To some of us, at least, calling someone a fascist is one of the worst things one can say. How can one top that?
George Orwell, among others, struggled to define the word. He wrote that defining fascism was “important,” and even one of the “unanswered questions of our time.” That seems like overstatement, but perhaps not for the era in which the author of 1984 wrote it.
He went on: “One of the social survey organizations in America recently asked this question of a hundred different people, and got answers ranging from ‘pure democracy’ to ‘pure diabolism.’ In this country if you ask the average thinking person to define fascism, he usually answers by pointing to the German and Italian régimes. But this is very unsatisfactory, because even the major fascist states differ from one another a good deal.”
True enough. Now, as then, most would define fascism be citing examples of it, not by trying to explain it. In the main, however, it is simply the dogma of killers and thugs. Organizational and structural differences aside, fascist states are characterized by one thing above all: their willingness to use violence against the weak to achieve political ends. Their enthusiasm for state-sponsored brutality – against democratic opponents, against dissidents, against minorities.
The epithet has lost much of its power, however. The Soviet Bolsheviks, and later the Soviet state, used “fascist” all the time to describe people and opinions they didn’t like. Much later, in the Reagan era, the word was thrown around like confetti. Some progressives continued to use it as a conversational show-stopper, even against Barack Obama.
Judges in libel actions shrugged at the word, calling it a value judgment – mere rhetoric.
Some of us continued to resist deploying it, however, for two reasons. To us, its meaning was quite specific: it is the ideology of murder. When you call someone a fascist, you are saying that they are capable of great violence to achieve some political (and usually politically conservative) ends.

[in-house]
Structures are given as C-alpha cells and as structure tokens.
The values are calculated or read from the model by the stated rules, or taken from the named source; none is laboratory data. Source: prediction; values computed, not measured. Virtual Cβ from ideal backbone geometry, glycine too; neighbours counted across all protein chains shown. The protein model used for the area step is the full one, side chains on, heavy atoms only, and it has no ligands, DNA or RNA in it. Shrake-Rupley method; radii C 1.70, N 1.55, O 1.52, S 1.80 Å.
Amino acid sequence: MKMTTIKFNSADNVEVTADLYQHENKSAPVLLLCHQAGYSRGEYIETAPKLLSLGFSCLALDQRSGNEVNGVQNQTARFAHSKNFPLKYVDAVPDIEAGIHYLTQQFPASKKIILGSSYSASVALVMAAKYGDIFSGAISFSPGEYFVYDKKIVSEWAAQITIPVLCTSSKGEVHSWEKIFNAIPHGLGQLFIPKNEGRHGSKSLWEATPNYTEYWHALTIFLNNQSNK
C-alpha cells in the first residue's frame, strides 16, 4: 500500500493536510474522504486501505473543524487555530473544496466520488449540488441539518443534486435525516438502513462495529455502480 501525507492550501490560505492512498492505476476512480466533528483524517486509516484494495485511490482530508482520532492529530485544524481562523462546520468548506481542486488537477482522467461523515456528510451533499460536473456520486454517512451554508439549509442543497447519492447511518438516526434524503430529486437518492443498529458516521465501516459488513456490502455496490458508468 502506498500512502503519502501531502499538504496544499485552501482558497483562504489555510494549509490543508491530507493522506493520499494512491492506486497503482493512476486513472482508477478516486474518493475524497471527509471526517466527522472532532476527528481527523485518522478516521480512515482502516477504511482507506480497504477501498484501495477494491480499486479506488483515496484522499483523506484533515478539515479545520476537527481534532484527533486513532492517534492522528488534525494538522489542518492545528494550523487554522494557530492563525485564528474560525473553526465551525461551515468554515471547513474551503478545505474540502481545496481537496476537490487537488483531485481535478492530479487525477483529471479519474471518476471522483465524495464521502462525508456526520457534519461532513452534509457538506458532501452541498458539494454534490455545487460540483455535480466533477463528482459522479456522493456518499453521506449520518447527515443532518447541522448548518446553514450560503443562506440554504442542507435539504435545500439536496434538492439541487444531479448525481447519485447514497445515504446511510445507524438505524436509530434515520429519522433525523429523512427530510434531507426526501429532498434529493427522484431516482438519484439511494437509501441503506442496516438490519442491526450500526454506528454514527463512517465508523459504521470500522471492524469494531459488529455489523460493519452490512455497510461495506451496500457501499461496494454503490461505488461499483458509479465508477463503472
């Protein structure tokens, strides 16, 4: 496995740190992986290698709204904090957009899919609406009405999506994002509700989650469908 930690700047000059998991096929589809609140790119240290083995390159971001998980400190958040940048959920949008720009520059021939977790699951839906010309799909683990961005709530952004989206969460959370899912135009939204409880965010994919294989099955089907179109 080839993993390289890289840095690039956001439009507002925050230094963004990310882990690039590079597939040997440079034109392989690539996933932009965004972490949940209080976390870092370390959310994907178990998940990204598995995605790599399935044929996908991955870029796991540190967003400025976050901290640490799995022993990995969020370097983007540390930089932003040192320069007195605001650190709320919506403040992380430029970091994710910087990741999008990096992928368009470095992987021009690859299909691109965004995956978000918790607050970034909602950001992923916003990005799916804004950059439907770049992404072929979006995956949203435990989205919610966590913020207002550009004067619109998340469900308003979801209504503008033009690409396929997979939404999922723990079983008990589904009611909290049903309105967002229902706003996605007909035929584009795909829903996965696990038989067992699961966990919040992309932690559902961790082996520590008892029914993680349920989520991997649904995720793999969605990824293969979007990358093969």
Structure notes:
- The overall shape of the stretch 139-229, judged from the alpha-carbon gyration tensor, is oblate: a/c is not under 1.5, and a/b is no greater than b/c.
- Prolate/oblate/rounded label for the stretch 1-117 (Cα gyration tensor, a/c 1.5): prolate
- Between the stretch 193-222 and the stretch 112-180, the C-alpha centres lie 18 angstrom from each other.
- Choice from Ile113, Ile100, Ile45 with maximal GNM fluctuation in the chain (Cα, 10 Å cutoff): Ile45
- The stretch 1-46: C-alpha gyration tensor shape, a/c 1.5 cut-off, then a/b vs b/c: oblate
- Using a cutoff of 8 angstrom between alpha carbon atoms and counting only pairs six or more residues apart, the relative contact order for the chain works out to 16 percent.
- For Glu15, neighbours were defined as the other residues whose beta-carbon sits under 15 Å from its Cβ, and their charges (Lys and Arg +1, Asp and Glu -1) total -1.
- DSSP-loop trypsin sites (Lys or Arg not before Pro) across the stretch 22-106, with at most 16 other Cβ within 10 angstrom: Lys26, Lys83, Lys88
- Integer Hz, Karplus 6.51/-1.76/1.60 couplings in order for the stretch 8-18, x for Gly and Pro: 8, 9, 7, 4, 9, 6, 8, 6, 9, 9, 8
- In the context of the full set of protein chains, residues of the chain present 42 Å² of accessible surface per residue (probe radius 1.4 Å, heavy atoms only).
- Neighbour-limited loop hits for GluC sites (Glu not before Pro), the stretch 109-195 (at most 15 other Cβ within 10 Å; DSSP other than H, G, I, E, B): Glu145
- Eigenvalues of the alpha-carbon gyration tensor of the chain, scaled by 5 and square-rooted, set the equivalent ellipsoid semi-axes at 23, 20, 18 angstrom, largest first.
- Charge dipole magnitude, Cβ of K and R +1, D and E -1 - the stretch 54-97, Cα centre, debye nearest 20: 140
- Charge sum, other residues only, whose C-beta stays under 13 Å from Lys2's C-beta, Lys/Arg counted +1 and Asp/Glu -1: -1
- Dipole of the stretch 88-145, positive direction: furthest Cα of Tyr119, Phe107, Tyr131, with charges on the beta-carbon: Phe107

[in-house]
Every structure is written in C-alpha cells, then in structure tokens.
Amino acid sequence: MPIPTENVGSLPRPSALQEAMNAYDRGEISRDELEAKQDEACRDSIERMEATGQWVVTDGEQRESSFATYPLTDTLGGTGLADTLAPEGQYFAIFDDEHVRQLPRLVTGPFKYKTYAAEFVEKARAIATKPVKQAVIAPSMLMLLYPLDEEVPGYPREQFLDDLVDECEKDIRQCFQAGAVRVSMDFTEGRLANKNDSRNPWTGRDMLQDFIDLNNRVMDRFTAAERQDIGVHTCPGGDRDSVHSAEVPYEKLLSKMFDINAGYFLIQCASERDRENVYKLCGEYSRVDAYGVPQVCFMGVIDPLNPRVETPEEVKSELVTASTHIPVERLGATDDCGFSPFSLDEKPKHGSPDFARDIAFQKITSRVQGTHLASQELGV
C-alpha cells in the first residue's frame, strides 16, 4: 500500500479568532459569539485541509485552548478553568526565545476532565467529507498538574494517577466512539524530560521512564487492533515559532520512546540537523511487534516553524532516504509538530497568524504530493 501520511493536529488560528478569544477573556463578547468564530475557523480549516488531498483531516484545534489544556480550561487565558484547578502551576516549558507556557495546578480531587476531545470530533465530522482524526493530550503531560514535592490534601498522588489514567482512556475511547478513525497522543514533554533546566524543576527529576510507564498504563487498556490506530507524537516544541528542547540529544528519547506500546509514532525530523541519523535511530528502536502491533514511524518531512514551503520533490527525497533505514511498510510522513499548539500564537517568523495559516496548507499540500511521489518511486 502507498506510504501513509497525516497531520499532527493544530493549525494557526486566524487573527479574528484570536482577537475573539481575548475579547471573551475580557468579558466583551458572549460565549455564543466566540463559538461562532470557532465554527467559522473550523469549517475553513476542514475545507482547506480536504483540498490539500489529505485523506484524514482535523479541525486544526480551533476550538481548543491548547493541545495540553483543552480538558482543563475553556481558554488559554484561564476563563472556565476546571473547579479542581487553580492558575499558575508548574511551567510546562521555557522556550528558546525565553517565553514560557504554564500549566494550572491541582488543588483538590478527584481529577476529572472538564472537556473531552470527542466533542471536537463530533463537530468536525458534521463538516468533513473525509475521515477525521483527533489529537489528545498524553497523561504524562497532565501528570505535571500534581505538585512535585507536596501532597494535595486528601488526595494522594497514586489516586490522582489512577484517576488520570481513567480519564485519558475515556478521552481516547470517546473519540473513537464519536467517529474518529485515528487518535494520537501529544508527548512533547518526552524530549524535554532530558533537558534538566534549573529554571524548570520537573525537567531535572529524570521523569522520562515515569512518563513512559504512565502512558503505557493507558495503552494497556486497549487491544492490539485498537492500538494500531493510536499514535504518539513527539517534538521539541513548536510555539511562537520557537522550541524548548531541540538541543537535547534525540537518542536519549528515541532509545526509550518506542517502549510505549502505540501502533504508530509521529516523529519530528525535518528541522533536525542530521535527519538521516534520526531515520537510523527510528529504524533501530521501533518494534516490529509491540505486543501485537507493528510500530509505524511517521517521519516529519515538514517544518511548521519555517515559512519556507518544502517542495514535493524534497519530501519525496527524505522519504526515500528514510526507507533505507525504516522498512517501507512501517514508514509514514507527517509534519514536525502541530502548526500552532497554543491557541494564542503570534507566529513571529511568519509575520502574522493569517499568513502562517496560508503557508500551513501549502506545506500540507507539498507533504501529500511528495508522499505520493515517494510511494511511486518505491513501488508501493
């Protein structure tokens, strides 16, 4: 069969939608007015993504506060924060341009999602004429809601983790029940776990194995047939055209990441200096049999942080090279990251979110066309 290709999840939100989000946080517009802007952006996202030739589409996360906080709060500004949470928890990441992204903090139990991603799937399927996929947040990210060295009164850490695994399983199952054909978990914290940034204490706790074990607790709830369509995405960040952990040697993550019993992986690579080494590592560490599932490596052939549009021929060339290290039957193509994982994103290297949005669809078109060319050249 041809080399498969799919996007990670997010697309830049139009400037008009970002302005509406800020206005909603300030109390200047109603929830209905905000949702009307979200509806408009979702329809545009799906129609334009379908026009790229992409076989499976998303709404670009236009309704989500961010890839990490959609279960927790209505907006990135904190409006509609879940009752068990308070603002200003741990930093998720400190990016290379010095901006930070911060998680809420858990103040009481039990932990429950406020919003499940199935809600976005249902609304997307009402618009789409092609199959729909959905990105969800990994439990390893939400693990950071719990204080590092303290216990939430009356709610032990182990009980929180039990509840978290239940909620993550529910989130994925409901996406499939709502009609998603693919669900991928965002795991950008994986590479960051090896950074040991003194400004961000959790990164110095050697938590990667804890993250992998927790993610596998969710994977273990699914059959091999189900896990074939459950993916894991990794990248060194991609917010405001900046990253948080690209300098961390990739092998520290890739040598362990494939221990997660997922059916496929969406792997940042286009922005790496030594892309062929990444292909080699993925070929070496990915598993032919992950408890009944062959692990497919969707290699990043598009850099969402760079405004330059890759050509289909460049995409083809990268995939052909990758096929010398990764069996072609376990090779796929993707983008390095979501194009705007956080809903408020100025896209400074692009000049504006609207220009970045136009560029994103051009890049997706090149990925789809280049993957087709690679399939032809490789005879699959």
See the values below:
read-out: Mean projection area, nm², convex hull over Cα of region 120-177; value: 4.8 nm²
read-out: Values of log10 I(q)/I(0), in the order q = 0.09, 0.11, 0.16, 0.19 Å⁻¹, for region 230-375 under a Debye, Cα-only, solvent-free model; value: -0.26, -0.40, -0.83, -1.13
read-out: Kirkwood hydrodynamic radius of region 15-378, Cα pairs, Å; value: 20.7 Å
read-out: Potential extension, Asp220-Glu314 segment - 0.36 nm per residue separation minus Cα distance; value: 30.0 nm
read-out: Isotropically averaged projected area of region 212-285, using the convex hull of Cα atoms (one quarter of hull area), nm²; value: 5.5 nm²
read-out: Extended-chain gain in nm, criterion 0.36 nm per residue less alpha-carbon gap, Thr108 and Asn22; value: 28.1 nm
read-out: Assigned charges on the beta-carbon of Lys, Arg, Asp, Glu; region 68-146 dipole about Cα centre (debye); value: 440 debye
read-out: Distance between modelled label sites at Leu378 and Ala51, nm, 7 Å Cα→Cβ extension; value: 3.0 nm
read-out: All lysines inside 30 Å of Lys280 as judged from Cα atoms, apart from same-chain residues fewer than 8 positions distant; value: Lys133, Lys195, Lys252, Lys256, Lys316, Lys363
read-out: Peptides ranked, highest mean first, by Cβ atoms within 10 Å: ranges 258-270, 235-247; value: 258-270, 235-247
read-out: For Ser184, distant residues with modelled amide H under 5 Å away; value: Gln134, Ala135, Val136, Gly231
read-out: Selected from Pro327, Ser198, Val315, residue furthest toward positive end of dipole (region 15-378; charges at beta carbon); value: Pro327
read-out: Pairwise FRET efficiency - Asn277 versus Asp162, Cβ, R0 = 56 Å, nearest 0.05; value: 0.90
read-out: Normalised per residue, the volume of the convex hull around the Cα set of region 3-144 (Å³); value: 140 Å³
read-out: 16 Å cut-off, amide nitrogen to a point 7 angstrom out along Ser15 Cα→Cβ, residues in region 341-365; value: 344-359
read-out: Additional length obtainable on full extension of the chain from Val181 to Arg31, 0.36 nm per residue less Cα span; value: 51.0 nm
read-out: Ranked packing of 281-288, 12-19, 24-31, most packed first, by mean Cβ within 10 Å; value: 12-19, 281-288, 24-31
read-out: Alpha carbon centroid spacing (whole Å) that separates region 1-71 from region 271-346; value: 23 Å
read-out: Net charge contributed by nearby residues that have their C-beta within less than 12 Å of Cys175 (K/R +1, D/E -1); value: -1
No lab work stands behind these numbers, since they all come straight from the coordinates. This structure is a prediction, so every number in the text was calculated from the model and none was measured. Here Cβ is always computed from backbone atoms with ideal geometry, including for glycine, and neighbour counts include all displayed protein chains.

Most importantly, overuse of the word diminishes the suffering of the victims of fascism – the Jews in the Holocaust, for example. To the Jewish people who experienced it, fascism is not a mere debating term, one to be tossed around at the faculty club, say, over the salad bar. Their definition has six million very specific examples, suffused in blood.
Which brings us, in a circuitous fashion, to Donald Trump.
There he stood in that second presidential debate, his sweaty features twisted in a sneer, stalking Hillary Clinton around the stage. Looking like he was going to hit her. Looking like he wanted to.
Watching him shadow his opponent in that way, many women knew exactly what he intended to convey.
For those who didn’t get it – mainly men – Trump wasn’t done. He had words, too. Not once, but twice, he said that – as president – he wanted to see Hillary Clinton imprisoned. As president, he said, he would appoint a special prosecutor to go after her.
“You’d be in jail,” he hissed at her, and millions of us became witnesses.
Forget about the constitutional niceties, or what the law says. There was, and is, no doubt that Trump would certainly do what he threatened to do. In its dying days, as his feral campaign has slunk back into the swamp from which it came, all of us have seen how willing Trump has always been to use his power to abuse women.
But what he said? What he vowed to do, right to Clinton’s shocked face?
It is more than unconstitutional. It is more than against the law.
In a democracy, threatening to throw a political opponent into a cage – simply because they are an opponent – is fascism. It is what all of them did: Hitler, Mussolini, Stalin. It is the end of democracy, and the start of something terrible.
Donald Trump, in his words and deeds, has not hesitated to reveal who he is. He has not hidden any of it. And what he is, at the end of this too-long parade hatred and contempt, is just this:
Warren Kinsella is a Canadian journalist, political adviser and commentator.